...When it really is news
I'm sure I'm not alone in noticing that much of what passes for news presented by large media outlets these days seems to be little more than gossip, conjecture and "click bait" (I have posted a humorous "Clarke & Dawe" clip on this issue in the past if you haven't seen it).
The first clip is of "far Left" American satirist Bill Maher. In this clip he gloriously eviscerates the prevailing childishness of so-called "responsible" media outlets. It is a pleasure to link to this broadside (although I hasten to warn you about the extreme bad language - be careful - I narrowly decided the clip was still worth recommending but please be warned).
While Mr Maher is an atheist & at the opposite cultural pole from me on most moral issues he generally displays a commendable integrity & consistency which I respect. He has also been one of the few willing to stick his neck out by publicly criticising Islam and highlighting the toxic teachings of Sharia law. He does this while assiduously avoiding tarring all Muslims with the Islamist brush, presenting an apparently too highly nuanced argument even beyond the scope of Batman to understand - even with the help of Sam Harris (that video is here and is well worth watching).
Below, is Mr Maher's attack on much of today's news media's asinine coverage of matters it considers necessary for the public to know. Four and a half minutes. I think it's important because this criticism comes from someone few of us might have expected to speak out - indeed many of us in New Zealand may not have even heard of him before now. I think it's useful to be exposed to how many influential people in entertainment and media talk & think these days. Do mind the language though.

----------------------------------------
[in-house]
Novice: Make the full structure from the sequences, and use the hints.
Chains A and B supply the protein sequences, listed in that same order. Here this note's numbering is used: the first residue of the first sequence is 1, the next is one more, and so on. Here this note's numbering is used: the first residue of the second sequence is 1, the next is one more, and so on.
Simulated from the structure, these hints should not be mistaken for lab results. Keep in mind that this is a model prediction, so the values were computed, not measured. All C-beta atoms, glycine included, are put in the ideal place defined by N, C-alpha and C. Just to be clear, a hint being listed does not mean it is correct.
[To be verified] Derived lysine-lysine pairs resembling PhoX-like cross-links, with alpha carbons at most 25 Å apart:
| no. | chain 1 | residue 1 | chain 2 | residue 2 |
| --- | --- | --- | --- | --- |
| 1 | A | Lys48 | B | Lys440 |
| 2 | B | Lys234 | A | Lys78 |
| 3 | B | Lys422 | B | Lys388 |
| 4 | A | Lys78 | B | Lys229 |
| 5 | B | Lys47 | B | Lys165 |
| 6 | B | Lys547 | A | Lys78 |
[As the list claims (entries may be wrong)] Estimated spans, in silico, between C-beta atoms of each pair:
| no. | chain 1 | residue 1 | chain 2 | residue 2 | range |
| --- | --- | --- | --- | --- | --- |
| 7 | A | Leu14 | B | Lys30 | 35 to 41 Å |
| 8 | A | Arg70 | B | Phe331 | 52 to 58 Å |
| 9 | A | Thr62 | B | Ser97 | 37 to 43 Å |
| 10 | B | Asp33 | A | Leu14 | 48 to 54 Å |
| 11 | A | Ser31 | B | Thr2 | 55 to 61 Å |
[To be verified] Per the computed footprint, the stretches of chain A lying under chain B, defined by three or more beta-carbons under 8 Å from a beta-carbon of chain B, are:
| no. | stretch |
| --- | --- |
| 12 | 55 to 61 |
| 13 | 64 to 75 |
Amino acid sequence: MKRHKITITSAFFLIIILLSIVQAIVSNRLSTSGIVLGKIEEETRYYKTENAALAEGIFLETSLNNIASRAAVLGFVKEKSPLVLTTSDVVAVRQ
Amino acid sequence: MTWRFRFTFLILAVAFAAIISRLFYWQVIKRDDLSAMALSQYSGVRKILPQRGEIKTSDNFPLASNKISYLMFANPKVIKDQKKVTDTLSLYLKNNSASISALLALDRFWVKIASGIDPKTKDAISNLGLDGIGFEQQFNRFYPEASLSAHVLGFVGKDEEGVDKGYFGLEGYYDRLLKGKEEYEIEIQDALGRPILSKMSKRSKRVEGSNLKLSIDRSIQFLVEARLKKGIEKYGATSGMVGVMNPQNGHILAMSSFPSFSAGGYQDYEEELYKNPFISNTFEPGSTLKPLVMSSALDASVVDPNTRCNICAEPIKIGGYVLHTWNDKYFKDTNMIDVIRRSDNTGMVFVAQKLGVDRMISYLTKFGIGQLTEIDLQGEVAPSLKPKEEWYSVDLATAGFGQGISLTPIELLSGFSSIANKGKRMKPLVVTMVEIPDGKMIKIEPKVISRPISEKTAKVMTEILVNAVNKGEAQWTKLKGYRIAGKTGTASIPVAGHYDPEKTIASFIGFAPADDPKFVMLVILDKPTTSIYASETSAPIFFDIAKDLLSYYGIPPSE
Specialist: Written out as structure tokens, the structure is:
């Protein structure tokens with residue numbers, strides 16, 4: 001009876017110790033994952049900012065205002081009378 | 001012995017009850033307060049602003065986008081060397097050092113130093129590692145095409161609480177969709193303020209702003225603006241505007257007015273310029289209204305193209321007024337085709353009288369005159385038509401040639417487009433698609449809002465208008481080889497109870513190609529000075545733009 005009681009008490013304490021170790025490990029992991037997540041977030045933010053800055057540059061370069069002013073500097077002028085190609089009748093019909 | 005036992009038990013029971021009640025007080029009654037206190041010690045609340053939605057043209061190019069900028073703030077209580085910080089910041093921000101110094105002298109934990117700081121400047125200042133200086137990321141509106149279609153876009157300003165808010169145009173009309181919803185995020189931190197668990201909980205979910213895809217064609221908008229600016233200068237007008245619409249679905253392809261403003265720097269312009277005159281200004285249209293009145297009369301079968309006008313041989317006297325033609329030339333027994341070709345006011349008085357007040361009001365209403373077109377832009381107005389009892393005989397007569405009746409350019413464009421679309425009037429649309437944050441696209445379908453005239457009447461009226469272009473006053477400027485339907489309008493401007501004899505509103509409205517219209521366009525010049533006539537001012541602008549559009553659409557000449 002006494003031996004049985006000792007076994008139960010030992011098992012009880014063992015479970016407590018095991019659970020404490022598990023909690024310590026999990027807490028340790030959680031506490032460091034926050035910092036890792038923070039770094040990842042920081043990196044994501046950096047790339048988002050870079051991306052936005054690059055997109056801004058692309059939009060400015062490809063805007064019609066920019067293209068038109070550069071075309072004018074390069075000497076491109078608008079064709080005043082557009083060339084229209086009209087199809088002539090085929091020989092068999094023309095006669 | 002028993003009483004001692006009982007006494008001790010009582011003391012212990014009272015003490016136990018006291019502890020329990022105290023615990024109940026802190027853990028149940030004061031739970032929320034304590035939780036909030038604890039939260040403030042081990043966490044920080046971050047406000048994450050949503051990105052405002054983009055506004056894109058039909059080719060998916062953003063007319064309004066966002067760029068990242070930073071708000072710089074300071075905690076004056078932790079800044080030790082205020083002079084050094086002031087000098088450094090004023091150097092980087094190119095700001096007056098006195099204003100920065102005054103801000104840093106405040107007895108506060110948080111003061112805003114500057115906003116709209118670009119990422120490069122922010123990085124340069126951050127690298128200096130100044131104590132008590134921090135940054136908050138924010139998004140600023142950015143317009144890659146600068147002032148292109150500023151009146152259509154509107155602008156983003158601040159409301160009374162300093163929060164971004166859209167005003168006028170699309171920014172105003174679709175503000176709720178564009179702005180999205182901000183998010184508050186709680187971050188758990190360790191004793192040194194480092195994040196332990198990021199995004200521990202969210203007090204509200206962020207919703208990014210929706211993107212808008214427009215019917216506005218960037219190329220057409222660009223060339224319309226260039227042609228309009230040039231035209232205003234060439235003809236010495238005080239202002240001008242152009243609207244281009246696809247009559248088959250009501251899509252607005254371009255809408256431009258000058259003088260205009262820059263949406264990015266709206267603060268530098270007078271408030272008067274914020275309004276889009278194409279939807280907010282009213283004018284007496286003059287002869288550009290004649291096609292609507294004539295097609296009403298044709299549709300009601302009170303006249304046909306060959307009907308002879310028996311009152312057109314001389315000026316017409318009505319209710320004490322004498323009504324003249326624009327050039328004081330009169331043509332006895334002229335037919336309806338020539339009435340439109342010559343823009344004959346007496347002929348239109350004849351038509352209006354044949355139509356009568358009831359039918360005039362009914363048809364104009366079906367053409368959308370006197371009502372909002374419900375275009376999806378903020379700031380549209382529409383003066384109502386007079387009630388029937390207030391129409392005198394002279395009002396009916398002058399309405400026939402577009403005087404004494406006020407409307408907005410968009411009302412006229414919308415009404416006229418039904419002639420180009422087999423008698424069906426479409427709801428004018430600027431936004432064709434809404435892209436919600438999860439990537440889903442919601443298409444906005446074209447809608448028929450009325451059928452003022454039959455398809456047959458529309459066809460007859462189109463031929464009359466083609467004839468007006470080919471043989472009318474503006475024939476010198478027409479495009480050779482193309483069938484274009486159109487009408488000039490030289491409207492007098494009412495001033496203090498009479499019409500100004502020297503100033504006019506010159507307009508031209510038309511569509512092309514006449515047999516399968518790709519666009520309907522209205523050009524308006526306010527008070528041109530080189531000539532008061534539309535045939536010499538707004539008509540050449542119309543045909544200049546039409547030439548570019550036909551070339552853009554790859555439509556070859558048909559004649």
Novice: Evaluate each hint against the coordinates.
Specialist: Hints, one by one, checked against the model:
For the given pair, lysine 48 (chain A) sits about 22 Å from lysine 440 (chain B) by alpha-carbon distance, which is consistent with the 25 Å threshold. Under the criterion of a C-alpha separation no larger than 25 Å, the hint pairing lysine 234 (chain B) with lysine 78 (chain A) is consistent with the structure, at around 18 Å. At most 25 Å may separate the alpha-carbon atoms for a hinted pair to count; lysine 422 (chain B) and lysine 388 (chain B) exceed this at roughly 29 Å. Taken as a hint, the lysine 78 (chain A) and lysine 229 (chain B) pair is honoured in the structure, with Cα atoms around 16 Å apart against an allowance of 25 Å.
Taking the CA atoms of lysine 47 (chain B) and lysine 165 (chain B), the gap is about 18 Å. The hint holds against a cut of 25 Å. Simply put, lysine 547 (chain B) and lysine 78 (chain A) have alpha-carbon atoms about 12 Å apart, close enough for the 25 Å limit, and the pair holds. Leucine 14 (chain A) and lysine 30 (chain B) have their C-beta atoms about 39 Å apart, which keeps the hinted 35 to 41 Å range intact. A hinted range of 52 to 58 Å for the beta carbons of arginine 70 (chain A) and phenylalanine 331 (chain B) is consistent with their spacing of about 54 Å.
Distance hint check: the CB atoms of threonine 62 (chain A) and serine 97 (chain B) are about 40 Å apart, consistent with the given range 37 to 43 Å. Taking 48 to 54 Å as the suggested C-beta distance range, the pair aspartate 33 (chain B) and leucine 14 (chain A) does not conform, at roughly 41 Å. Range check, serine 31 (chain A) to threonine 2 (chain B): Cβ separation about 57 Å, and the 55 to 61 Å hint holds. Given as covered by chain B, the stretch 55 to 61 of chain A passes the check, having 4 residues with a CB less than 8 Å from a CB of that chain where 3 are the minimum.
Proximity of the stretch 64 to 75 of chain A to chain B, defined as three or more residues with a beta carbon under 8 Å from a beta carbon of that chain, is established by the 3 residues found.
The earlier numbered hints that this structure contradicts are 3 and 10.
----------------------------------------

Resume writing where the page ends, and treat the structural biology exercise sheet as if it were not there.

I've posted on the Muslim British grooming gangs numerous times in the past, for example here, here and here (and also referred to a source indicating similar gangs in the Netherlands here). Those posts make for harrowing reading.
The clip below is of a talk given by Mr Norfolk in 2015. It is obviously a difficult talk for him to give & would have been even more difficult had he been able to see the lack of action in the years to come. But this is such a commendable talk. The work he did at the direction of an employer who tasked him to work solely on the Muslim rape gang issue until the public and the authorities had no choice but to do something is the kind of thing that I imagine drives many young people to enter journalism in the first place. It really did make a huge difference.
What is really fascinating to me, and I'm sure it will be to you, is how seemingly normal, caring & responsible people deliberately turned away from obvious crime & abuse and failed to not only protect the weak, but consign them to yet more unimaginable suffering. This is a poignant window on our shared human weakness. Think you'd never do this? Well those people also thought there were acceptable reasons to "deprive the innocent of justice" at one time. I have seen examples of this kind of thing far too often corrupting good people to exempt myself from being wary of a similar temptation.
Mr Norfolk's experience of corruption & his observations of suffering are enthralling. He struggles with real difficulties: how he might appear to critics; how for years authorities isolated each case, refusing to see the common thread; how to fight against not only corrupt institutions but the corruption and weakness he saw in individuals around him and, we can sense, in himself. I really commend this clip to you.
Do note that, although for some reason Tommy Robinson's name appears in the title of this clip, he is not mentioned in it.